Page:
amount of a publicly reportable swap transaction that is publicly 
disseminated.\24\ A transaction that meets the cap size requirement 
would be eligible to mask the total size of the transaction if it 
equals or exceeds the cap size for a given swap category.\25\ The 
Commission adopted cap sizes in order to help to protect the anonymity 
of counterparties' market positions and business transactions, and to 
mitigate the potential impact that real-time public reporting of 
extraordinarily large positions could have in reducing market

[[Page 38232]]

liquidity.\26\ By preventing aggregation of orders to meet the cap size 
requirement, the proposed rule will help to ensure that cap sizes are 
used for the specific purpose for which they are intended 
(extraordinarily large positions), and will help to prevent potential 
circumvention of the real-time reporting obligations.
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    \24\ 77 FR 15,516.
    \25\ 77 FR 15,489-90.
    \26\ Id.
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    The proposed rule further provides that aggregation of orders for 
different trading accounts for purposes of the block size or cap size 
requirements may be permitted on a DCM or SEF if done by a person who: 
(i)(A) Is a CTA who is registered pursuant to Section 4n of the Act or 
is exempt from registration under the Act, or a principal thereof, and 
has discretionary trading authority or directs client accounts, (B) is 
an investment adviser who has discretionary trading authority or 
directs client accounts and satisfies the criteria of Sec.  
4.7(a)(2)(v) of the Commission's regulations, or (C) is a foreign 
person who performs a similar role or function to the persons described 
in (A) or (B) and is subject as such to foreign regulation, and (ii) 
has more than $25,000,000 in total AUM. As noted above, DCMs that 
permit block trading in connection with futures contracts currently 
prohibit aggregation of orders to meet the block size requirement, and 
a majority of these DCMs have substantially similar rules that allow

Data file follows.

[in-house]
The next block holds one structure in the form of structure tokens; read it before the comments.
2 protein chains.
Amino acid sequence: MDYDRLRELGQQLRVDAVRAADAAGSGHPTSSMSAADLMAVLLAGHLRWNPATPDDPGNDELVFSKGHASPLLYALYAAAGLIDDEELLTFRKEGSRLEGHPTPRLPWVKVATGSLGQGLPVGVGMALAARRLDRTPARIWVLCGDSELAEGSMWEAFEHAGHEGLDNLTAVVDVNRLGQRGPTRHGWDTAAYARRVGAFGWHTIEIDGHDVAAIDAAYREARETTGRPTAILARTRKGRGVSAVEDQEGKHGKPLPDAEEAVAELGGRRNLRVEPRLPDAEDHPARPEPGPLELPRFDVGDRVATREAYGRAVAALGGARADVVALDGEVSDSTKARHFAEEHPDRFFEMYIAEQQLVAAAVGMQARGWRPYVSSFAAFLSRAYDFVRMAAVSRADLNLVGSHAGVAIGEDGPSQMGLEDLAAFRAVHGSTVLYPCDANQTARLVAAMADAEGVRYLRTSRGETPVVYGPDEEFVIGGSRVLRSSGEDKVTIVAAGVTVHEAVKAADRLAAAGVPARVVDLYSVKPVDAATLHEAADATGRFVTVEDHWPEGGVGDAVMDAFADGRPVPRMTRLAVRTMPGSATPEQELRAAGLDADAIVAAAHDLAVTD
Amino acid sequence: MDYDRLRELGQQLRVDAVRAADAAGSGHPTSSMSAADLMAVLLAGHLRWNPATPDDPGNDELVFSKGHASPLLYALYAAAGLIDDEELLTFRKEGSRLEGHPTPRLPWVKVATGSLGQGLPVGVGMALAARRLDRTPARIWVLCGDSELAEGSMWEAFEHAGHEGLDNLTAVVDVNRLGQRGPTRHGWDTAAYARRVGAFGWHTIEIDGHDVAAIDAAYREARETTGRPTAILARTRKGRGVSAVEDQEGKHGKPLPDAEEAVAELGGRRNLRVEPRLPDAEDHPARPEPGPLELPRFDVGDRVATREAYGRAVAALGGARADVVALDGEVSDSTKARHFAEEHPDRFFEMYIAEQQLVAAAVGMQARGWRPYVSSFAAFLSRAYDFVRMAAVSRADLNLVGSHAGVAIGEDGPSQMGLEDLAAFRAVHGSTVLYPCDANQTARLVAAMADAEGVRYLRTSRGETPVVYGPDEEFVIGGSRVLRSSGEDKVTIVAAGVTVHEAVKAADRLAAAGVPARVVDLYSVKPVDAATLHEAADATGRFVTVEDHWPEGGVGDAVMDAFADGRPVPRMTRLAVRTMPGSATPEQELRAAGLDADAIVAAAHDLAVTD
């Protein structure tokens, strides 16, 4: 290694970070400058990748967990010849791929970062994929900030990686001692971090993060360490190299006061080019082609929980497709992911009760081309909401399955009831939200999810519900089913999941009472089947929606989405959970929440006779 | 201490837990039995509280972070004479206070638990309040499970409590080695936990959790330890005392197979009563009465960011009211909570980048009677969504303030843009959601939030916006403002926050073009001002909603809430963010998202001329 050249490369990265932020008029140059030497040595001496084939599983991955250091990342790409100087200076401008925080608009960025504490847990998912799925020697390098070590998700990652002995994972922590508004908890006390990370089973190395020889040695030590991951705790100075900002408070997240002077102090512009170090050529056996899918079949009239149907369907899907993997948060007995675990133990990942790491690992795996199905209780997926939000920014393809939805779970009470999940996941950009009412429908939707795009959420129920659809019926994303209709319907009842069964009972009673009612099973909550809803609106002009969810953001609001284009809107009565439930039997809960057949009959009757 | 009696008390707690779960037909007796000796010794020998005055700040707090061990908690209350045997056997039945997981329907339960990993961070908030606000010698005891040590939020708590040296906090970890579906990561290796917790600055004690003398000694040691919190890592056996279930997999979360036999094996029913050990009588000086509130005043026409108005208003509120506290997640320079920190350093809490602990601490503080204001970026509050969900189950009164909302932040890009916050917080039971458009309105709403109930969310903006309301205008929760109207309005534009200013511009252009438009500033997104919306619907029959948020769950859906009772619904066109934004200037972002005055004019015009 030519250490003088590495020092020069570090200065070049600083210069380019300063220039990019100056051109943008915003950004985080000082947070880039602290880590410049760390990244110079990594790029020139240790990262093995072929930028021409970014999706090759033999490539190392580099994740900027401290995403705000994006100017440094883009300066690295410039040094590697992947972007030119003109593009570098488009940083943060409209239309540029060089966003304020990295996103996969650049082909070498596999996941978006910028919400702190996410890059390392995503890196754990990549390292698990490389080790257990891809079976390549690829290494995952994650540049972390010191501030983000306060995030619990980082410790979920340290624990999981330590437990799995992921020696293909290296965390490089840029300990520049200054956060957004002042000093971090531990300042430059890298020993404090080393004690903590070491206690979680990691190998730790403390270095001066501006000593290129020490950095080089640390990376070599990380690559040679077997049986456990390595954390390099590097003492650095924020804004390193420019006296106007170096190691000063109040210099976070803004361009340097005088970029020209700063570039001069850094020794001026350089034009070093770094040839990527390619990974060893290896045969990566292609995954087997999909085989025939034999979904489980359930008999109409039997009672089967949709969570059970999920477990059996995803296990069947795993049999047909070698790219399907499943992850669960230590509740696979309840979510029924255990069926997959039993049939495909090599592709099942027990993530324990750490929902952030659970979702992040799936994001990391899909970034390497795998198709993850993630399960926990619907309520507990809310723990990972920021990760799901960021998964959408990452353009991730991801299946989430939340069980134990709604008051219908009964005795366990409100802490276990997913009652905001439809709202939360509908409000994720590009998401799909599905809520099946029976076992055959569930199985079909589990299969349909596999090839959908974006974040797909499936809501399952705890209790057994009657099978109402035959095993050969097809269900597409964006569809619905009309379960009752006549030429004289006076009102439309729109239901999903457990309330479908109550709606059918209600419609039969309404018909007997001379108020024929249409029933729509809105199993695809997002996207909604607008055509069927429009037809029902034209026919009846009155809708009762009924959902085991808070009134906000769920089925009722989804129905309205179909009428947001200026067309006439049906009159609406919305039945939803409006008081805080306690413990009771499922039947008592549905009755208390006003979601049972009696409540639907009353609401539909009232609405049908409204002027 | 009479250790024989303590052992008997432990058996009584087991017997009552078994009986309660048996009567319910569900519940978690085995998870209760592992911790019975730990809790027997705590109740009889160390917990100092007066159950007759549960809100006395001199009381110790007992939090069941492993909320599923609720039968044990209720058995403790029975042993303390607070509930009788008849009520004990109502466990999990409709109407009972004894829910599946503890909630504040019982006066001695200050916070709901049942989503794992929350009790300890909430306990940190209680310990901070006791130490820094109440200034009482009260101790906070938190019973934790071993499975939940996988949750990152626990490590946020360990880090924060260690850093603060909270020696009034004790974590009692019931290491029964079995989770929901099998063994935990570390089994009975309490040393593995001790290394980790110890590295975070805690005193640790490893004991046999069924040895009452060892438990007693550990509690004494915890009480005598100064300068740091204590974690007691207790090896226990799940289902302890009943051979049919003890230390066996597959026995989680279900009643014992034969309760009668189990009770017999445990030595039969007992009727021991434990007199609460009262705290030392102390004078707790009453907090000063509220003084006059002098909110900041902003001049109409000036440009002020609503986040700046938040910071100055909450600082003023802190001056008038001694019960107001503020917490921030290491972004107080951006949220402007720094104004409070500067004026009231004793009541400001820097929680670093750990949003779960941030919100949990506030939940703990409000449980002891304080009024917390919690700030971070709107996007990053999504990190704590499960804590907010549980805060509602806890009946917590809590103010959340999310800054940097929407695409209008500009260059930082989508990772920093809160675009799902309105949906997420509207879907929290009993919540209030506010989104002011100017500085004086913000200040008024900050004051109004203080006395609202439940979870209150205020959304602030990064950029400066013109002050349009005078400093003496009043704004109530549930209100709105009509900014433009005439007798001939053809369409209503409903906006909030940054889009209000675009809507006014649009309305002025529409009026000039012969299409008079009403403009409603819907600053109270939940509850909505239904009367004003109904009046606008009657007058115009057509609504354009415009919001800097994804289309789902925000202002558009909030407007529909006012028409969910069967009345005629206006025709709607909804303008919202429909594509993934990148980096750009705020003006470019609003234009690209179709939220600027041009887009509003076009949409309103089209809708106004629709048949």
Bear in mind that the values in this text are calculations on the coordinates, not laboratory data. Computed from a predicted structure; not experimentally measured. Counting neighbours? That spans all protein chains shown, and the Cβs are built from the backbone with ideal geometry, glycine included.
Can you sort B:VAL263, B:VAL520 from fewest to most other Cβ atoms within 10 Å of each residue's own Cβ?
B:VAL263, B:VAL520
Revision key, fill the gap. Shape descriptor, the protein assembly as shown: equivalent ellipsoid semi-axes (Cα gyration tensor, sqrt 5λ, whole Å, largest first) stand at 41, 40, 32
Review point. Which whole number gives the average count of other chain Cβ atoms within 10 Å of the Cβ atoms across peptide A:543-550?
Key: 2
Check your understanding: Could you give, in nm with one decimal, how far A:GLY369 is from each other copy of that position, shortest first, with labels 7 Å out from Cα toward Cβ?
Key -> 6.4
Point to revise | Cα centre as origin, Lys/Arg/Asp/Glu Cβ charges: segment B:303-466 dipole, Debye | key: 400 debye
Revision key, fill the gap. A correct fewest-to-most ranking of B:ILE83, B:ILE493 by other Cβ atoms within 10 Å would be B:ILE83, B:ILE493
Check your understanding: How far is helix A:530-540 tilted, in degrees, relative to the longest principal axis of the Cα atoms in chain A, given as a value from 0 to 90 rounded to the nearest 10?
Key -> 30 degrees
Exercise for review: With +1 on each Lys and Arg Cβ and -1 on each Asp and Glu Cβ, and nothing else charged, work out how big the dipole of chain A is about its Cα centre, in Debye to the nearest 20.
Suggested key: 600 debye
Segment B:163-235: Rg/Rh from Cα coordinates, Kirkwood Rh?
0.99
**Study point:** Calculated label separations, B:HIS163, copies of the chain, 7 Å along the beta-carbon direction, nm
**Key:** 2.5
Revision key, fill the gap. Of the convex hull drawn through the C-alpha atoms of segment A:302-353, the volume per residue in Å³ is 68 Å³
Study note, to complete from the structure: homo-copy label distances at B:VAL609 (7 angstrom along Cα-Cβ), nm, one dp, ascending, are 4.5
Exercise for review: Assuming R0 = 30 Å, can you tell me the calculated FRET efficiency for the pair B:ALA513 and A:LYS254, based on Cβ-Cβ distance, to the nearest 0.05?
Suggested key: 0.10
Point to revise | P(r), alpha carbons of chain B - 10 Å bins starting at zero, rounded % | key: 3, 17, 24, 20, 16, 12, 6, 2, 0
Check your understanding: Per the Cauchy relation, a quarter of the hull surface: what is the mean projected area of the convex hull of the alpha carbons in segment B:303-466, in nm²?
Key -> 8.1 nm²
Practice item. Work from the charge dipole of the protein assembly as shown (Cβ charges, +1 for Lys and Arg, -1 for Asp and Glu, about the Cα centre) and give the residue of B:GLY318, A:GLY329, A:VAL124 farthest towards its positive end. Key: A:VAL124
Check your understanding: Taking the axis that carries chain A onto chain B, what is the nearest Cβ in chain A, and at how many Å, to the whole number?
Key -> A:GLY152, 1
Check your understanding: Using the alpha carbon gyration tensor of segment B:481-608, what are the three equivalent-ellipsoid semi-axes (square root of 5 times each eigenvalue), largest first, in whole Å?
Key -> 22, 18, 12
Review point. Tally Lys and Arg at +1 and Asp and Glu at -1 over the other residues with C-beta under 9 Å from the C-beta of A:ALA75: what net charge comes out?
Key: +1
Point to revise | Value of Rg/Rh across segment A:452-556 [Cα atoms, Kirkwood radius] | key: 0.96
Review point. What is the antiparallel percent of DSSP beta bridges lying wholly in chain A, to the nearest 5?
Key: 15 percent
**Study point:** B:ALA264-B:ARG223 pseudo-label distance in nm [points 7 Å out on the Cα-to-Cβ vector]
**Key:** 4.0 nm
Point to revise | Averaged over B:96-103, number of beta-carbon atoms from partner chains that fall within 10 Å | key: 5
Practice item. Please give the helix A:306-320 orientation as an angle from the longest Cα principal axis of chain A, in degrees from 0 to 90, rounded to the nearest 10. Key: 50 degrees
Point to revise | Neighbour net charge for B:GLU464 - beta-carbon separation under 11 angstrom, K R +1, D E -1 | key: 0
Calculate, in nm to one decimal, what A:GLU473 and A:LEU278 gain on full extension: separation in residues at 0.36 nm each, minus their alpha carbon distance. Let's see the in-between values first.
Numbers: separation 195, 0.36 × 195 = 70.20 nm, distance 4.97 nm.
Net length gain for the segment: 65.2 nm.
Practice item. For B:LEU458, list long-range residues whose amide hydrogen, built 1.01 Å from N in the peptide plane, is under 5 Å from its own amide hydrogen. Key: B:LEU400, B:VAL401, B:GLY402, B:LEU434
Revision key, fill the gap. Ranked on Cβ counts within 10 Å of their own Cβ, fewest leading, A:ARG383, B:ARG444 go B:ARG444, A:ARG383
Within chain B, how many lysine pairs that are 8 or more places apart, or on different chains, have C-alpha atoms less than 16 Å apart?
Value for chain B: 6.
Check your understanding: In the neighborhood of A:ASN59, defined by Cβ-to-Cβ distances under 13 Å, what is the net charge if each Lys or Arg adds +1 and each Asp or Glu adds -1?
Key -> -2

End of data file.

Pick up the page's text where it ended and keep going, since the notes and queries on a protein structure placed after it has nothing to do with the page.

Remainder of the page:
aggregation in such context if done by certain CTAs, investment 
advisers and foreign persons.\27\
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    \27\ A majority of DCMs currently maintain similar rules 
permitting certain CTAs, investment advisors and foreign persons to 
aggregate. See, e.g., CME Rulebook, rule 526 (providing an exception 
for block transactions by permitting aggregation if done by a CTA 
registered or exempt from registration under the Act, including 
without limitation, any investment adviser registered or exempt from 
registration under the Investment Adviser's Act of 1940 * * * 
provided that such advisers have total AUM exceeding $25 million and 
the block trade is suitable for the customers of such advisors. See 
also, CBOE Futures Exchange LLC (rule 415(a(i)); Chicago Board of 
Trade (rule 526I); CME (rule 526I); ELX Futures, L.P. (rule IV-
16(a)); Eris Exchange, LLC (rule 601(b)(10)); Green Exchange, LLC 
(rule 602(j)); ICE Futures ((rule 4.31(a)(ii)(B)); Nasdaq OMX 
Futures Exchange, Inc., (rule E23); New York Mercantile Exchange, 
Inc. (rule 526I); NYSE Liffe US, LLC (rule 423(a)(i)); and 
OneChicago LLC Futures Exchange (rule 417(a)(i)).
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    The Commission is seeking comments on whether this exception to the 
prohibition of aggregation of orders is appropriate in the context of 
the swaps market. The Commission seeks comments on whether such an 
exception should be available to other categories of Commission 
registrants, and if so, why? Additionally, the Commission seeks 
comments on whether the $25 million AUM requirement for the specified 
account controllers is appropriate in the context of block transactions 
for swaps? Further, the Commission seeks comments on whether the $25 
million AUM requirement should include only swaps assets, or be based 
per asset class, or be different for the five asset classes of swaps? 
In addition to these specific questions, the Commission requests 
comments on all aspects of this notice of proposed rulemaking.

B. Proposed Sec.  43.6(i)--Eligible Block Trade Parties

    The Commission is also proposing under new Sec.  43.6(i)(1) a 
provision that describes the eligible parties to a block trade. The 
proposed provision provides that parties to a block trade must be 
``eligible contract participants,'' as that term is defined under 
Section 1a(18) of the CEA and the Commission's regulations. The 
proposed rule includes an exception to the ECP requirement by providing 
that a DCM may allow: (i) A CTA registered pursuant to Section 4n of 
the Act, or exempt from registration under the Act, or a principal 
thereof, who has discretionary trading authority or directs client 
accounts, (ii) an investment adviser who has discretionary trading 
authority or directs client accounts and satisfies the criteria of 
Sec.  4.7(a)(2)(v) of the Commission's regulations, or (iii) a foreign 
person who performs a similar role or function to the persons described 
in (i) or (ii) and is subject as such to foreign regulation, to 
transact block trades for customers who are not ECPs, if such CTA, 
investment adviser or foreign person has more than $25,000,000 in total 
AUM.\28\
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    \28\ Parties that are non-ECPs may not enter into any swap